Main Beach North Stradbroke Island
North Stradbroke Island/Minjerribah is the perfect place to recharge the batteries. Just 40 minutes by ferry from Brisbane – so close, yet so far. It has everything you need, the perfect mix of civilisation and wilderness. It’s the world’s second-largest sand island behind Fraser Island.
Main Beach stretches 38 kilometres from Point Lookout to Jumpinpin Inlet, and it’s the longest on the island. At the northern end, the town of Point Lookout is easily accessible and patrolled, loved by swimmers and surfers.
The North Gorge Walk, a must-do when visiting Straddie, starts and finishes in Point Lookout. It is ideal for animal spotting, dolphins, turtles, sharks, mantas and, from June till November, humpback whales – all play in the turquoise waters of the Pacific Ocean.
To access the other parts of Main Beach, you will need a 4WD, and that’s where the fun begins. There is foreshore beach camping, but you must be fully self-sufficient. Hang up your hammock and enjoy the views – milky way during the night and amazing sunrises in the morning.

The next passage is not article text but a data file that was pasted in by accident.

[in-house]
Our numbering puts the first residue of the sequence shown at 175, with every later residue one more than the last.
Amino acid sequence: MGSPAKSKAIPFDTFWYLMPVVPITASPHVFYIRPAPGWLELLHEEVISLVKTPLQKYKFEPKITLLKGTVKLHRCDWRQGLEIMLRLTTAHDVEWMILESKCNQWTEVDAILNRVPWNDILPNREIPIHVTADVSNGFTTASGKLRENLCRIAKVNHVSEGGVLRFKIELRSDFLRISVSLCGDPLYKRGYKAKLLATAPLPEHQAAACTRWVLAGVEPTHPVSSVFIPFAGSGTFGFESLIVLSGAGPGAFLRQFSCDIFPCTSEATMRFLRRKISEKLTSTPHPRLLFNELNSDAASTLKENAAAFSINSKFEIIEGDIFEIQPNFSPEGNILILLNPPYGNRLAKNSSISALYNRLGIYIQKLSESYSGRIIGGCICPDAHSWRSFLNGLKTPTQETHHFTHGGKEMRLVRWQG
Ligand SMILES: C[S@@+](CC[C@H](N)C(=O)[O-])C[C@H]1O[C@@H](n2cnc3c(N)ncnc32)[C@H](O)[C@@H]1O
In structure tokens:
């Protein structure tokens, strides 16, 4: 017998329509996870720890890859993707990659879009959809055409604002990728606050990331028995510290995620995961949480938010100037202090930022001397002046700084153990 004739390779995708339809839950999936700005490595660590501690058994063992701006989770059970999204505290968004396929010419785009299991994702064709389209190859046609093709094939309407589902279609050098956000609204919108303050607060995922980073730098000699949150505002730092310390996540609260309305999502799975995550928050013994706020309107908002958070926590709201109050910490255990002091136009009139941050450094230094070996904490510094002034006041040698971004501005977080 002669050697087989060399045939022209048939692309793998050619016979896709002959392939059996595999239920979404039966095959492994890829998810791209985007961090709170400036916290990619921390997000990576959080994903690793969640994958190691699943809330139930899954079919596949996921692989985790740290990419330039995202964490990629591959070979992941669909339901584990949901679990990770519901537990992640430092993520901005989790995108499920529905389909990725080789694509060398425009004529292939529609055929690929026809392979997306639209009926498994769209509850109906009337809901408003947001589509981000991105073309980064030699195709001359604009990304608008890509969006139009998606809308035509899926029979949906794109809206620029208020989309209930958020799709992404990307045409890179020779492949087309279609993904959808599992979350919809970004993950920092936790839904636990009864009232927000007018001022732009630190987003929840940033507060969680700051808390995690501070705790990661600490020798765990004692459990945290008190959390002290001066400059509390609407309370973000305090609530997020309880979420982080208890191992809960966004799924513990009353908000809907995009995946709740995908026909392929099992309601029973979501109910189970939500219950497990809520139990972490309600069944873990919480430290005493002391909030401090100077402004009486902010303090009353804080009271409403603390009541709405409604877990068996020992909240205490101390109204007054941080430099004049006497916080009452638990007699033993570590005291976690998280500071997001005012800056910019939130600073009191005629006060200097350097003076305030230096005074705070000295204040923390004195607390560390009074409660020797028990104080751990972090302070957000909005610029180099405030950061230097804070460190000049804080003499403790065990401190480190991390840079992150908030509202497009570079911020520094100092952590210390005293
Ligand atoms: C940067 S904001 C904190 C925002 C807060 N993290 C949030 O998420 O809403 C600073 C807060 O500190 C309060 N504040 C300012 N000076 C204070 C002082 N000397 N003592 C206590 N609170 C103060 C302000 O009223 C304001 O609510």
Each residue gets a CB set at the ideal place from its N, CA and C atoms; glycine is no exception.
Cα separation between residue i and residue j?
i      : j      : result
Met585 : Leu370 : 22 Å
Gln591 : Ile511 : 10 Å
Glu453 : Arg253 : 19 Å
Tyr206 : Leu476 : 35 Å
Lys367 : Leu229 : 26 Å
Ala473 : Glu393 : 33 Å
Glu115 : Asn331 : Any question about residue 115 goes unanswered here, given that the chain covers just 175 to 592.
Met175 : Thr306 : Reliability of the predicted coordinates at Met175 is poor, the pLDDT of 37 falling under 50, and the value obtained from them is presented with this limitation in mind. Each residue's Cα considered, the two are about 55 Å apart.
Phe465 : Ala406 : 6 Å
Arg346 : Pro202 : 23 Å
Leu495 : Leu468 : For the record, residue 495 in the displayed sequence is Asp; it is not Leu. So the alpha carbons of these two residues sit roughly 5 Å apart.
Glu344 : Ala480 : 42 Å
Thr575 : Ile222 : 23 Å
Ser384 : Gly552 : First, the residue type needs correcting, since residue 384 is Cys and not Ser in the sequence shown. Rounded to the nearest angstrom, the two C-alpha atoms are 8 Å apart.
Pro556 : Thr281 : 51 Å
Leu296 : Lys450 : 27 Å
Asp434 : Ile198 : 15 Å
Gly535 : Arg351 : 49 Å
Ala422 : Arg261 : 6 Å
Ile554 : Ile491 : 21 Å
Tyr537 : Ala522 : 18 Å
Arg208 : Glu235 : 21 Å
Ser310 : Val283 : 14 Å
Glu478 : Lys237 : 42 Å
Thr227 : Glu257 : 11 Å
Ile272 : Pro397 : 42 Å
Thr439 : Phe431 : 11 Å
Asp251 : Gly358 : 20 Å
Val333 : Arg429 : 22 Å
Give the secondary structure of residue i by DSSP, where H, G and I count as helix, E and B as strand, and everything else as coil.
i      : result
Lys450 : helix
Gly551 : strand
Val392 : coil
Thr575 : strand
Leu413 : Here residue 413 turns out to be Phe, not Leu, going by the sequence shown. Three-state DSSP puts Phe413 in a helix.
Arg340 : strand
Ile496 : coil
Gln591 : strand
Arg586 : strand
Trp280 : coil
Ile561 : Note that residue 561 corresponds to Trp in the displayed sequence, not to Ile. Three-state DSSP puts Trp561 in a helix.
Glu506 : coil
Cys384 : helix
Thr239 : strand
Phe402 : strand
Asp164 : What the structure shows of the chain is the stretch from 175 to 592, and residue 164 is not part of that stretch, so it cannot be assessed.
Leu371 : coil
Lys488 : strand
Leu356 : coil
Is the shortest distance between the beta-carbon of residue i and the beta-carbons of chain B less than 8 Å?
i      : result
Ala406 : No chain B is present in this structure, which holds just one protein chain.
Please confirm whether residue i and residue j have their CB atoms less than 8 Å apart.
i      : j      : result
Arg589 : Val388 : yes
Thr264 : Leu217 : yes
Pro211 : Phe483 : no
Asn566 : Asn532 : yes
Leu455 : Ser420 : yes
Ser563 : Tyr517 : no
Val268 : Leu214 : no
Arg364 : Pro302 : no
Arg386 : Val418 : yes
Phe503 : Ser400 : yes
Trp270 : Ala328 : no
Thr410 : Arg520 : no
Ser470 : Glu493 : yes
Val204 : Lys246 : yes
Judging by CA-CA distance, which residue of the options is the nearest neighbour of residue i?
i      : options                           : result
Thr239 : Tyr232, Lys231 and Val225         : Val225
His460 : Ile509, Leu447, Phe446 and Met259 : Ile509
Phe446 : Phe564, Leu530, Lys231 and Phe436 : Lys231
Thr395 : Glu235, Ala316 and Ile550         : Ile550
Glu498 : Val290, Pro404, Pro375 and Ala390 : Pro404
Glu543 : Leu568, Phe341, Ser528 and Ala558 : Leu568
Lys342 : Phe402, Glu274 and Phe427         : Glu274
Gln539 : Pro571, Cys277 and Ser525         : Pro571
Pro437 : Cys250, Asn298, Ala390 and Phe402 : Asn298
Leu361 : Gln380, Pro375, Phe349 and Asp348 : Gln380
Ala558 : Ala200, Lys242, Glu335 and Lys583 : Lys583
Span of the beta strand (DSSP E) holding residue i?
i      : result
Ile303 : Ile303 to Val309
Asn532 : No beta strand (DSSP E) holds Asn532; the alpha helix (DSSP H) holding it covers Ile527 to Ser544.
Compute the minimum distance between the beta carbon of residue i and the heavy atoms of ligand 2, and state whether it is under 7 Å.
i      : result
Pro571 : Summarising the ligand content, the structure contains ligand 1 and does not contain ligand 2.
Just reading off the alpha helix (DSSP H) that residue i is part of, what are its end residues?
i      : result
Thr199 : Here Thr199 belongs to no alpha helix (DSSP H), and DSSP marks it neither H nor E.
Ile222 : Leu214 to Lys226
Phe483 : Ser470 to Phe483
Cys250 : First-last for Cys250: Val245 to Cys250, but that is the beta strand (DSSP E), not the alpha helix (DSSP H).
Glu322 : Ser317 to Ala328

Suggested by Julia & Sam from Where is Julia and Sam
Tangalooma Beach Morton Island
A short boat ride from Brisbane lies a sand island that is full of adventure. While there are many things to do on Moreton Island, the beach is arguably the main attraction. Tangalooma Beach is a must-see beach in Queensland.
You will see the beach as you approach the island on the boat. All of a sudden, the water colour changes from a darker, murky blue to a bright, clear blue in the distance. The shoreline is usually full of people engaging in all sorts of beach activities. At 8 km long, there is so much to explore.
Just offshore there are placed shipwrecks that make for a perfect snorkelling experience. The shipwrecks are home to many fish, and if you’re lucky, you will see some other ocean creatures. Take care if you decide to swim out to the wrecks, as there is a strong current at times.
Taking one of the island’s tours can give you peace of mind, as there will be guides in the water with you. Because of the clarity of the water, this is a perfect place for glass-bottomed kayaking. If you get tired of ocean activities, you can walk along the long beach. There are usually dolphins that swim close to the shore at sunset, which is an extraordinary sight.
The one tricky thing about visiting the island is food. The nearby Tangalooma Resort does not allow visitors to access their restaurants, which means the options are limited. You can drive to Castaways in the north part of the island.